Scotland’s islands are rich in habitats, on holms, cliffs, and beaches. People relied on seabirds’ meat and eggs for food to extend their limited resources. Varied geography meant some districts harvested birds and eggs that other places did not.
People ate the meat and eggs and used feathers for bedding and fishing lures. At Pabbay, near Harris, puddings made from seafowl fat were towed behind a boat’s stern so the oily surface quelled breaking water. Bird fat was used as a wound dressing for people or livestock, and North Rona people paid rent with smoked wildfowl.
St Kilda was famed for birds, and people relied on them as others did on fish. Islanders made bait from puffins and lamp oil from fulmars. They made sewing thread from feathers, and shoes from gannets.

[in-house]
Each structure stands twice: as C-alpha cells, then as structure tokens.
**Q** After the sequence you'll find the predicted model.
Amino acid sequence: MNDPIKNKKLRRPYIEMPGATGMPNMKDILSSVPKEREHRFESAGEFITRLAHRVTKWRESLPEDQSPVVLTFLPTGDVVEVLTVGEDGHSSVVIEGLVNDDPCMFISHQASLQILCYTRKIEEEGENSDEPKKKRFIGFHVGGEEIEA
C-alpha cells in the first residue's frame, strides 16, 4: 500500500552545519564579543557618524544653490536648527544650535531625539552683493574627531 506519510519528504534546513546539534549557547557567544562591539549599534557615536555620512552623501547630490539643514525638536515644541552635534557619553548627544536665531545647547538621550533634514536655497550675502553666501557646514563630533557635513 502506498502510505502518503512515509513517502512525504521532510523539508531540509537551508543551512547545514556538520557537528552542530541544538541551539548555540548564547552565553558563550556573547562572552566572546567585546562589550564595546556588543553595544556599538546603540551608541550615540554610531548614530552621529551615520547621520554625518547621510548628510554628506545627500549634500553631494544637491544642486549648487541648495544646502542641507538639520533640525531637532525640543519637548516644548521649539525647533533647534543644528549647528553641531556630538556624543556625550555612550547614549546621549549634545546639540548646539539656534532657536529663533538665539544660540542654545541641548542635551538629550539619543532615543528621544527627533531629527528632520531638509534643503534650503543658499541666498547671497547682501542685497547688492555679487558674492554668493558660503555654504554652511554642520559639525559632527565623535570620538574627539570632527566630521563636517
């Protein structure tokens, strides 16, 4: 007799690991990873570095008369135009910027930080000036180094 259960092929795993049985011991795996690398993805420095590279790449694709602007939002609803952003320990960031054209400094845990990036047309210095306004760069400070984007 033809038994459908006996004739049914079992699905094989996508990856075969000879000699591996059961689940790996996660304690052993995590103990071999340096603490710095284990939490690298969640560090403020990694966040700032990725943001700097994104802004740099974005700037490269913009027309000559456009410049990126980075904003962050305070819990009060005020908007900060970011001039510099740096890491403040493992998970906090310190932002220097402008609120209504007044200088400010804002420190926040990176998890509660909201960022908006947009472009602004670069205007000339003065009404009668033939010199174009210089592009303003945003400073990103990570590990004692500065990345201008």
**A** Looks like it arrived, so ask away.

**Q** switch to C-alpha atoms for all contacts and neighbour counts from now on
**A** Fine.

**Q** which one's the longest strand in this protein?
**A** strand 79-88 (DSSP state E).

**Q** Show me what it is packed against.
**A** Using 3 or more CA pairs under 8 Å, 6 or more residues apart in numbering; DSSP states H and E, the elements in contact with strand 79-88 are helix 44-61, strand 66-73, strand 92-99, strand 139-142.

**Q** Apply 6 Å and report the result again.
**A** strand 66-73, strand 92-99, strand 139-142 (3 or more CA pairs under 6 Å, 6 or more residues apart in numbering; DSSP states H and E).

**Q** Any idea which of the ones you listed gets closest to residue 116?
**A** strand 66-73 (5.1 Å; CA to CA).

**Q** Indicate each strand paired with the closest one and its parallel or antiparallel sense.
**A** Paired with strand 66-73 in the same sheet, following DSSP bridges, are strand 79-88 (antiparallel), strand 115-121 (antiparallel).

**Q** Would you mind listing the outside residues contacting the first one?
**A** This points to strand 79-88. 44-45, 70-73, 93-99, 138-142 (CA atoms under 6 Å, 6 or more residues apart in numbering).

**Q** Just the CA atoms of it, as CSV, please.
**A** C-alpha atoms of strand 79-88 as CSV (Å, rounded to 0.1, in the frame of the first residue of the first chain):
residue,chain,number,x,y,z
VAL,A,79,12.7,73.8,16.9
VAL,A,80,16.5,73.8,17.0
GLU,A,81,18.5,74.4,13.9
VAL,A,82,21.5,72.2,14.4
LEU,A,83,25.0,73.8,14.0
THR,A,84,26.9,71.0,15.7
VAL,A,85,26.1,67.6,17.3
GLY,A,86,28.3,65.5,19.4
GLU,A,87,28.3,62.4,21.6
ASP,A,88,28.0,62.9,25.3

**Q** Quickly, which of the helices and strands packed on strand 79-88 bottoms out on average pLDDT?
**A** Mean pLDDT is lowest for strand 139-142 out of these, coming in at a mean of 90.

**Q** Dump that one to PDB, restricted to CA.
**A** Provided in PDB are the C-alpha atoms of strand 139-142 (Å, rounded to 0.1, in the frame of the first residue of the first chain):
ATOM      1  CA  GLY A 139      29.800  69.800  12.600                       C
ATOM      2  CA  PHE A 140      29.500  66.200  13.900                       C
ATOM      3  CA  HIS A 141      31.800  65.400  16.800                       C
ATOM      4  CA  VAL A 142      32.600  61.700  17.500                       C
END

A Timeless Scene...
Fowling was in harmony with ecology; it continued for thousands of years, and birds remained plentiful. From around 1800 things became commercialised; visiting naturalists collected species for stuffing, and amongst Orkney exports were pens, down, feathers.
After a century of destruction, laws came to protect birds, especially the Wild Birds Protection Order 1902 and the Protection of Birds Act 1954. Today, overfishing, pollution, and habitat loss are new threats to birds.
Shetland, Orkney, and Hebridean fowling was dying-out before any legislation. As island culture changed, culture drew nearer to outside society, where eating birds and eggs wasn’t mainstream. Also, prosperity meant folk didn’t need to catch wildfowl. Fowling still continues in Faroe, and islanders consider it more ethical to eat birds that haven’t lived their lives like battery hens.
How islanders risked their lives to feed the family: the terrifying peril of hunting seabirds and gathering their eggs in the cliffs of Shetland, Orkney, and the Hebrides.
Dods MacFarlane’s fascinating reminiscence of his part in the gannet hunt off Lewis – a centuries-old tradition that still survives.